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Archive for the ‘Vision’ Category

Refractive Cataract Surgery

Thursday, October 27th, 2011

A cataract is a clouding of the eye’s lens that can impact vision a little or a lot, depending on its severity. Believed to be just a normal effect of aging, cataracts mostly affect older adults, though a family history or congenital condition may put younger people at risk as well. Your lifestyle often changes drastically if you develop cataracts: you may not be able to read books or watch TV, your driving ability may be impaired to the point that it isn’t safe anymore and you may deal with irritating double vision or light sensitivity. It’s not surprising, then, that many people with cataracts opt for refractive cataract surgery.

About Refractive Cataract Surgery

Cataract surgery has been around for quite a while, and some things haven’t changed-like the fact that there’s no way to remove a cataract from the lens without removing the lens itself. So during any surgery for cataracts, the patient’s natural lens will be replaced with a new, clear lens. Refractive cataract surgery, however, is relatively new, and its goal is a bit more aggressive: to eliminate the cataract while also improving patients’ overall vision. The end result is that many people who need glasses and contacts before surgery may be able to toss them afterward, thanks to the new generation of intraocular lenses (IOLs).

Choosing IOLs

There are several versions of IOL available for patients today:

* Crystalens is unique because it attaches directly to the ciliary muscles, allowing the eye muscles to move the lens. These IOLs move naturally with your eyes to give you a clear picture of objects at all distances.
* ReSTOR lenses contain zones in concentric circles that allow the eyes to see images clearly both up close and far away.
* Tecnis, like ReSTOR, has concentric rings for multiple-distance viewing. It is also foldable, allowing the surgeon to insert it through a small incision.

Your surgeon will go over the pros and cons of each IOL and help you decide which is right for your anatomy and lifestyle.

Additional Benefits of Surgery

Removing the cloudiness associated with cataracts is, of course, the primary aim of surgery. But with today’s IOLs, refractive cataract surgery can also help with nearsightedness and farsightedness, as well as these conditions:

* Presbyopia. This is a condition, affecting everyone beginning in middle age, makes it tougher to focus on objects up close. All of the lenses above offer presbyopia treatment.
* Astigmatism. This condition is the main reason people used to need glasses or contacts after surgery. Lenses known as toric IOLs are now available to treat astigmatism during surgery.

During your free LASIK screening our cataract screening, the Houston LASIK doctor all answer any questions you have and cover all risks and benefits in detail.If you have been living with imperfect vision and have been dependent on glasses or contacts for years, LASIK can be each truly remarkable and life changing procedure. Their office not only provides Laser eye surgery but also Lasik eye surgery Houston.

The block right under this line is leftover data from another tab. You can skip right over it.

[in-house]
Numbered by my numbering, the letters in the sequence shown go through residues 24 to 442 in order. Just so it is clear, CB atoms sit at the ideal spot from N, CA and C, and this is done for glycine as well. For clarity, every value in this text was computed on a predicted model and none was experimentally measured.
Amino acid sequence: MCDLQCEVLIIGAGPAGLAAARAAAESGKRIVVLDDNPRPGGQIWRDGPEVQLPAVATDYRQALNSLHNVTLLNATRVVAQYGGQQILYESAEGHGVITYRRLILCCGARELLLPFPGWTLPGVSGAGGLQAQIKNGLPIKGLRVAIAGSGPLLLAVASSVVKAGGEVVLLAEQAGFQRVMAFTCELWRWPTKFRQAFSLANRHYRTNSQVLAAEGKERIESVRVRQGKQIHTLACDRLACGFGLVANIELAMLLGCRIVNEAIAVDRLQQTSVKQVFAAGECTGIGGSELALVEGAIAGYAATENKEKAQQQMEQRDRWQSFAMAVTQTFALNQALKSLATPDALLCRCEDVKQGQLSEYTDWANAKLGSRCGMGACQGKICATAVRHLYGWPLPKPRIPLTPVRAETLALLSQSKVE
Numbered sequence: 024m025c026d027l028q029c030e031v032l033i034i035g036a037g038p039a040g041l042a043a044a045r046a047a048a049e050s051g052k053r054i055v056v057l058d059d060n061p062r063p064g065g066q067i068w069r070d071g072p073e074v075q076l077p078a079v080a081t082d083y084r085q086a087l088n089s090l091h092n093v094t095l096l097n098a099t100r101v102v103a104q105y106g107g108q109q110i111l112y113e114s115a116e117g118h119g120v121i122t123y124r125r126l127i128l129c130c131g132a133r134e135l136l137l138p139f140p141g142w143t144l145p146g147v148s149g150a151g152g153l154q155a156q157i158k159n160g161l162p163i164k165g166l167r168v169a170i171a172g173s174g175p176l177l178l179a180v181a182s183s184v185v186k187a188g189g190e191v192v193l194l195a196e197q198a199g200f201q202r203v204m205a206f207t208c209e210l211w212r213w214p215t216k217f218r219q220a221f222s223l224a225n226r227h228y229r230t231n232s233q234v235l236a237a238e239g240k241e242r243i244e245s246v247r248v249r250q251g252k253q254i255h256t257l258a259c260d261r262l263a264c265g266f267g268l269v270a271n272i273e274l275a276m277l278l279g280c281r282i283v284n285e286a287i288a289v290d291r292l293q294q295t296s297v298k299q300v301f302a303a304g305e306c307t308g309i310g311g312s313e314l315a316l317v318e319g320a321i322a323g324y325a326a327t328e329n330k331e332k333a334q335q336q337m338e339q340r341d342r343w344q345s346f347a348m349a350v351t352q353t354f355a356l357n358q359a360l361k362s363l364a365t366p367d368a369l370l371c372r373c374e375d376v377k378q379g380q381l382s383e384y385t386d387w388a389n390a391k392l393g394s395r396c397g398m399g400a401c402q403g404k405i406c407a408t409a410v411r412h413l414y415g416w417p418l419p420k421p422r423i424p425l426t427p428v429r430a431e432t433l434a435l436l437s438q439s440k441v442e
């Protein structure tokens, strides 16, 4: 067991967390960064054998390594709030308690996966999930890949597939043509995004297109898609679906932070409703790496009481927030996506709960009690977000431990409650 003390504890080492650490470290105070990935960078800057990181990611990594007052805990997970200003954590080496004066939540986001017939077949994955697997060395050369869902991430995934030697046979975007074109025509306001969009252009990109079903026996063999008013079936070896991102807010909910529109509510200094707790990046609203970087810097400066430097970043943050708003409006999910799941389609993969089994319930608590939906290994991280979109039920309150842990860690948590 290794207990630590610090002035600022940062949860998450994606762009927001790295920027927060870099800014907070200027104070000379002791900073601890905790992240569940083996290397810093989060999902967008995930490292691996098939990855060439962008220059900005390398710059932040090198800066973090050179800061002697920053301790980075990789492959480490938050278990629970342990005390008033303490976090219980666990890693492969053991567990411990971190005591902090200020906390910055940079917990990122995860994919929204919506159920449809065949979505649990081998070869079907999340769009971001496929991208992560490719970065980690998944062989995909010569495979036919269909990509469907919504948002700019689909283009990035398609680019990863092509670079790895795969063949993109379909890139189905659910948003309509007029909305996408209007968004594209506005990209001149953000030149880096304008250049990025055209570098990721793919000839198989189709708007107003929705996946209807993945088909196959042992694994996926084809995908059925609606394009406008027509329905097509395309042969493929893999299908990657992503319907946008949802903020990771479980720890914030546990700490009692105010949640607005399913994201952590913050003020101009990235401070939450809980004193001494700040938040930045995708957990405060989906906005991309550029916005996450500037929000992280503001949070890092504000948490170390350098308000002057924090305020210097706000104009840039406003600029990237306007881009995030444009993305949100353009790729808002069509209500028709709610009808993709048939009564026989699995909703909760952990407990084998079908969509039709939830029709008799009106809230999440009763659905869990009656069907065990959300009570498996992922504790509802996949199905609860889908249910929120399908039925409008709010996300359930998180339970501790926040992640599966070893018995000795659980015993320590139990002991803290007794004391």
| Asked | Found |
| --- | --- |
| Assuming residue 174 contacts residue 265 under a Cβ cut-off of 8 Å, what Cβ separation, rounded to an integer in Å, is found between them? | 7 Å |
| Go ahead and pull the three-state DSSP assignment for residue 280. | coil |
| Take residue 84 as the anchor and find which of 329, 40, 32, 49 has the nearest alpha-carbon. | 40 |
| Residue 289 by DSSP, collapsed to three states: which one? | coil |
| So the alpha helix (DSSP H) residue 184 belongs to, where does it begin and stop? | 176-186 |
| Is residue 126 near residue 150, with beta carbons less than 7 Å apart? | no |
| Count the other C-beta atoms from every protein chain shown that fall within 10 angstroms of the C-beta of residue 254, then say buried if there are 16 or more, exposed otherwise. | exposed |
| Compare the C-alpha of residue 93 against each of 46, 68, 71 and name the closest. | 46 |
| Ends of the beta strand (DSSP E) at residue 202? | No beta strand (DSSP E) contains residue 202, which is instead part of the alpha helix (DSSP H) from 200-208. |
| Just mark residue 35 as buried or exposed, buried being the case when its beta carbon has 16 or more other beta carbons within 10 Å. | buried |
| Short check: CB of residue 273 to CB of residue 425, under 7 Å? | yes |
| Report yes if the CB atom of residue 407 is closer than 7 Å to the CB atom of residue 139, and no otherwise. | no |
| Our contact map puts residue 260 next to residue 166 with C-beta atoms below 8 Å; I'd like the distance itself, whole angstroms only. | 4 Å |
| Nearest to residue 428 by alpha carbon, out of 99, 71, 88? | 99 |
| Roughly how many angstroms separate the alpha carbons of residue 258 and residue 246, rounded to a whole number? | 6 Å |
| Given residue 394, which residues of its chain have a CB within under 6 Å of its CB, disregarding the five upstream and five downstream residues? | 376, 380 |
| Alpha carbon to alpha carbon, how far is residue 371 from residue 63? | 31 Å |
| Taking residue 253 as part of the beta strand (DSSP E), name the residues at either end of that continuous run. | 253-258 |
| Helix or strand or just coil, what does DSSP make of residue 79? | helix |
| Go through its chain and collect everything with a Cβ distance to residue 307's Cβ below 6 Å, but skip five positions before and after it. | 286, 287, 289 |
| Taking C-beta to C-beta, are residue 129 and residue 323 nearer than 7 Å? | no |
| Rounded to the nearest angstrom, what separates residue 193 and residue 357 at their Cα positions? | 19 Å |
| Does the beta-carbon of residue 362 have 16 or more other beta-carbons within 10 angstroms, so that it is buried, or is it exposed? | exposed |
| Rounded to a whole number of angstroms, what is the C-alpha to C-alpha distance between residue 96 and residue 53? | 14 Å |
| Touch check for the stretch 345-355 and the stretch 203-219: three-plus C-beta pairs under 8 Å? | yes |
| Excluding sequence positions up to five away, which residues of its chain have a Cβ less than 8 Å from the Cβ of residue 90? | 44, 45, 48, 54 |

Lasik Eye Surgery Disadvantages

Thursday, September 29th, 2011

Thinking about lasik eye surgery to correct your astigmatism, nearsightedness or farsightedness? Make sure to check out the following facts that you should be aware of.

1. Repeat Surgeries

This type of eye surgery doesn’t always produce the optimum level of vision correction on the first attempt so additional follow-up procedures may be necessary to further improve the patient’s vision. Of course there is an extra medical bill with each additional procedure.

2. Aftercare

After a Lasik procedure, a patient will have to follow a regimen of medicine usage, as well as close monitoring by the eye surgeon. In some cases, this aftercare process can go on for several months. It can certainly be inconvenient but most patients view it as a small price to pay for better vision.

3. Potential Halos and Glares

In some cases, patients of Denver Lasik experience glare or halos around objects, especially at night and in the days immediately following your procedure. In most cases, halos and glares will be disappeared within the first month after surgery.
An additional treatment is needed to correct the problem in other cases.

4. Insurance does not cover

Some insurance providers consider Lasik to be an elective surgery that is not necessary.

All surgeries have their pros and cons, and Lasik eye surgery is no different. If you are considering Lasik in Denver, there are several key actions you should take. Educate yourself about the process, ask your surgeon plenty of questions, talks to your insurance company about coverage to make a well-informed decision.

Visit Denver Lasik surgery Vision Center in Colorado for information on LASIK Denver eye surgery process before going for your lasik surgery.